Opinion piece: the problem with hating on Monsanto & Bayer
The October 31st edition of the Missouri Miner featured an article by Bailey Adams critiquing the recent corporate merger where Bayer purchased Monsanto for $66 Billion. The piece explored various conjectures illustrating tragedies likely to soon occur by the hand of the menacing seed-producer and biotech firm. Adams predicted widespread catastrophe within the food market: price hikes, food insecurity, bankrupted farms, herbicide contamination, threats to animals and birds, a horror that never stops. While apocalyptic visions like this are fun to dramatize, the probability that Bayer will ruin the world is quite low. The essence of Adams’s argument collapsed before it began when the claim was made that Bayer is “essentially a monopoly” because they and their two biggest competitors control 61% of market share in seed and pesticide production [Bayer itself taking estimated 29% of the seed market and 24% of the pesticide market according to the (IISD)]. While that is certainly high, 29% is nowhere near a monopoly. Amazon’s share of the 2018 online retail market is expected to be 49% by techcrunch.com, and their practices are not considered as monopolization by anyone because they haven’t restricted the access to products from competitors. That is the legal standard for businesses practicing as monopolies.
Much of the hit piece relied entirely on the unpopularity of the Monsanto Brand, which has certainly had some public relations issues in the recent past and has engendered a lot of scorn from particular groups of people. However before prejudgment, one should at least understand the nature of the business in dispute. Monsanto is one of the primary biotechnology researchers and innovators in the field of Agricultural and Genetic science. They use their products to help farmers produce larger crop yields and better tasting crops. Monsanto’s success in this endeavor has placed it in the very top of its field and also, in the same situation as many biotech companies. Their business model is dependent on the research and development of new products and therefore have to maximize profit on existing products - sometimes by dramatic means - in order to support the overhead budget. If Monsanto’s tomato seed is the preferred choice among consumers, then they will certainly exploit that increase in demand. Many biotech companies receive condemnation from customers and media outlets who object to ‘price gouging’ without considering how much research has to do with the price.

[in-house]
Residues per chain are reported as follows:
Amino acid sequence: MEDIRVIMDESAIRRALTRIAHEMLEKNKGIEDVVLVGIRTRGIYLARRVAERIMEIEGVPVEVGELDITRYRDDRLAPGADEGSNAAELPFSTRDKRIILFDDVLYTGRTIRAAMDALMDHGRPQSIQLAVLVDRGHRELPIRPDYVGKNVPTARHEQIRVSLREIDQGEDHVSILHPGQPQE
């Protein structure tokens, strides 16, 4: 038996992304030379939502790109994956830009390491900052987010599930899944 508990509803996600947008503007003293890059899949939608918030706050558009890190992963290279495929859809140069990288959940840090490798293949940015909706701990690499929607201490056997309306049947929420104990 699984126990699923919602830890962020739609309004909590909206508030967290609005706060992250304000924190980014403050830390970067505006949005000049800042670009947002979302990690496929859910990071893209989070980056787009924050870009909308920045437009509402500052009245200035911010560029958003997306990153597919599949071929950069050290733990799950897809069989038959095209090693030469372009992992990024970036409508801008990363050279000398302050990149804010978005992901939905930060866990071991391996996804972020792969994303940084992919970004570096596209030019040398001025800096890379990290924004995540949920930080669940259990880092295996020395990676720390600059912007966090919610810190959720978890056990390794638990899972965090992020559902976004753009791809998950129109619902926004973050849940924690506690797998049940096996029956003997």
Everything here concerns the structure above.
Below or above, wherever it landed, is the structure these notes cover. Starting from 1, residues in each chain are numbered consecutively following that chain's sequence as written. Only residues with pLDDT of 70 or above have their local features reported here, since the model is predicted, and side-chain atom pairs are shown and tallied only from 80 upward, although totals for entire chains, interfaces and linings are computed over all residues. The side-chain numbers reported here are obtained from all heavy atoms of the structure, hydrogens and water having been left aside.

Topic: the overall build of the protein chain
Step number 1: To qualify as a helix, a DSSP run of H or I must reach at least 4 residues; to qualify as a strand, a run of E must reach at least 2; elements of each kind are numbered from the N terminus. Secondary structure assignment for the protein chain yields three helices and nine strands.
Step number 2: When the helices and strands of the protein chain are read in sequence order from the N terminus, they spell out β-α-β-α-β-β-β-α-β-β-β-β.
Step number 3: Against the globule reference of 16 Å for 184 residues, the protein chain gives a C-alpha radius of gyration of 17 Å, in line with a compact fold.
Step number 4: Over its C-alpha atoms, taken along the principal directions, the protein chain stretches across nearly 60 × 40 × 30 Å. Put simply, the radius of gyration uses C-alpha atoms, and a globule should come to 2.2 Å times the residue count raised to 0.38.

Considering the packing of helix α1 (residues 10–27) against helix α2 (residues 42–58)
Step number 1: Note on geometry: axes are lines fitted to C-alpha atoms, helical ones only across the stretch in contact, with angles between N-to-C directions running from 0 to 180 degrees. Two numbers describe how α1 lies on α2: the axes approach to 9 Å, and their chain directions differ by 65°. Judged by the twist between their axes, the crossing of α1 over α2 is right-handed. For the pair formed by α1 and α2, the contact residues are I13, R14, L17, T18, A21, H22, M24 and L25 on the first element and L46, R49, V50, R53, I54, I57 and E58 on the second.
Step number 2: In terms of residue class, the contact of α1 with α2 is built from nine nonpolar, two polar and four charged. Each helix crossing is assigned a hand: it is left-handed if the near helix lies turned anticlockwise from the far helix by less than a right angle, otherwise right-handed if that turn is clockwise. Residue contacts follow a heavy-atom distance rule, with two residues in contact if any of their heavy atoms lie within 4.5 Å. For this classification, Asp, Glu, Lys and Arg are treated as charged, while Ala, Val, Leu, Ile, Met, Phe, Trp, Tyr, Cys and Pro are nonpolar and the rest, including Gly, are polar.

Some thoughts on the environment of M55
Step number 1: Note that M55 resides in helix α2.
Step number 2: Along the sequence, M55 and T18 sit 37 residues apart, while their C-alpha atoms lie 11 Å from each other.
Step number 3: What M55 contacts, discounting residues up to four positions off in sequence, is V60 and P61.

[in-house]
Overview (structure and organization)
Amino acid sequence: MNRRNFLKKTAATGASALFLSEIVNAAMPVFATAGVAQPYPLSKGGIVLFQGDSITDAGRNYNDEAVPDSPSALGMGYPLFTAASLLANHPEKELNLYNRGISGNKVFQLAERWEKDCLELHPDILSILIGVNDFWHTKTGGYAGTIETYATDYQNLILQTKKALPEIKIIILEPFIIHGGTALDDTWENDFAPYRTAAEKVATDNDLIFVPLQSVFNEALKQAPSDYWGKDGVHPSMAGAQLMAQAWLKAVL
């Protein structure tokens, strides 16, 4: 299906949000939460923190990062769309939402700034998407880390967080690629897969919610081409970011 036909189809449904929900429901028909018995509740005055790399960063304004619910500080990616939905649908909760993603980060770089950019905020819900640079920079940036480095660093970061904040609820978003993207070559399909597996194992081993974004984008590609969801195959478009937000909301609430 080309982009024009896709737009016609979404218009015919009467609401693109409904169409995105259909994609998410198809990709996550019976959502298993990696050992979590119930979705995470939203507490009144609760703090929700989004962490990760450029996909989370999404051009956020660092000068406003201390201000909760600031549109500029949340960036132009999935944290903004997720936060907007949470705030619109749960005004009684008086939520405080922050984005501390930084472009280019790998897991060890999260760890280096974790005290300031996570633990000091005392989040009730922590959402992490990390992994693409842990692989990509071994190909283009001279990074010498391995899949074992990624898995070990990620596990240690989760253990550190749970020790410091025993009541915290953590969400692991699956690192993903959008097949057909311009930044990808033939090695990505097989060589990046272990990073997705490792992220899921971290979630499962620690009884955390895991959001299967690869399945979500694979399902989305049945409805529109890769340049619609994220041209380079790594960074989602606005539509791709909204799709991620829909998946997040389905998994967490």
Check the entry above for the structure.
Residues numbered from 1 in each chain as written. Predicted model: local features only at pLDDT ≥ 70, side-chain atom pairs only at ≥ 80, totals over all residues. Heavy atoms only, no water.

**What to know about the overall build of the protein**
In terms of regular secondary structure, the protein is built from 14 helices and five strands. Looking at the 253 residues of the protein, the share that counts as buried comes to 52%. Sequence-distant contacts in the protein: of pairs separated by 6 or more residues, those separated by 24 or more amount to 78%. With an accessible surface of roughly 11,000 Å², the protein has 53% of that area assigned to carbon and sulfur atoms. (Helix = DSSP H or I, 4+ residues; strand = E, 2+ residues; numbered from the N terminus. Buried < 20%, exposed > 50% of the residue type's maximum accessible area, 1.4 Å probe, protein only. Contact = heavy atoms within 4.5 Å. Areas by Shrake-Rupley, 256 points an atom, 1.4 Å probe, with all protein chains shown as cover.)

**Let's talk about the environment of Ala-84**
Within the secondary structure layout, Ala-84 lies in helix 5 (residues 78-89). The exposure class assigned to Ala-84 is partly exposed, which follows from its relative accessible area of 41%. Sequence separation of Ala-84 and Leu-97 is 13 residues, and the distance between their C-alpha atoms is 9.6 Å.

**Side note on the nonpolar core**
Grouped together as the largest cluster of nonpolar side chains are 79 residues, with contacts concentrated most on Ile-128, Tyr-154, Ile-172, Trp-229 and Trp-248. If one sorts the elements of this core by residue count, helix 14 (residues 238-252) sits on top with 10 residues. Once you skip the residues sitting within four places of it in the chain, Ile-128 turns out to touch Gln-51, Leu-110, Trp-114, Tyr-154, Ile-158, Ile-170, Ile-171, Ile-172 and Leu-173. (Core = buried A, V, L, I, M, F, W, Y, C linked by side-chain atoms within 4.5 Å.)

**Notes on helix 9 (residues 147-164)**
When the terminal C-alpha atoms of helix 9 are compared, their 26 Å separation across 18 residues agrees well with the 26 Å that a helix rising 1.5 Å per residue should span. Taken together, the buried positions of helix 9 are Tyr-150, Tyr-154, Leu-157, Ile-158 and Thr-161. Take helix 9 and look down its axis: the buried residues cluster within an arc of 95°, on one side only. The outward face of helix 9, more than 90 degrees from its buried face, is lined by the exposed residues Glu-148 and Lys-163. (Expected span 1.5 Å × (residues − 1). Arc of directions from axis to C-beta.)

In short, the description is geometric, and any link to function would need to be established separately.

Honest criticism of Monsanto stems from two sides of an opposing issue. The environmentalists demand that biotechnology in agriculture is too dangerous, requiring larger expenditures into research for safety. On the opposing side, the farmer’s union voices accuse the biotech firms of price gouging and exploitative contracting - providing more leniency to customers. However, the real issue at hand appears to be the rigor of the governmental approval process and consequent research investment. New crops must be reviewed by the USDA, EPA, and DEA before being approved for the market. Wendelyn Jones of global regulatory affairs for DuPont estimates that the entire process typically requires 13 years and $130 million for research and advocacy. Such an outstanding budgetary obligation is the ultimate cause of consolidation in the biotech marketplace.
The possible solution to this issue creates an intersection of values and appeasement of one side. The solution for the farmers is to loosen regulation, but that is the exact problem for the environmentalists. This intersection of values is the reason why so many feel justified in attacking the biotech businesses outright. They are engaged in tough and gritty business practices in order to create their environmental catastrophe of a product. But what if the product is vitally necessary? Companies like Monsanto provide a tremendous service for which the consumer may never be grateful until it is gone. The availability of fresh fruit and vegetables in a grocery for reliably low prices is an absolute miracle of ingenuity and those who took risk to advance the marketplace should be respected.
Now to consider the issue directly at hand, Monsanto was just absorbed into the Bayer corporation worth $35 billion and Monsanto valued at $66 billion. This move should allow the agricultural giant to ambitiously research new products with little financial hindrance. Environmentalists and farmer’s unions be afraid, the biotech behemoth just doubled in size. However, before you grab the torches and pitchforks, do not forget the real source of the company’s power. Competitors are automatically excluded by the cost of the regulation overhead. The real debate should be between the farmer’s unions and environmentalists - taking place in the chambers of the senate and consisting of arguments over the necessity of certain regulatory hurdles. Market consolidation of this type is not the cause of malice by default. Often exterior imposition upon the marketplace produces restriction of competition as consequence. These factors should be deeply understood by advocates on all sides, yet too often they are totally ignored.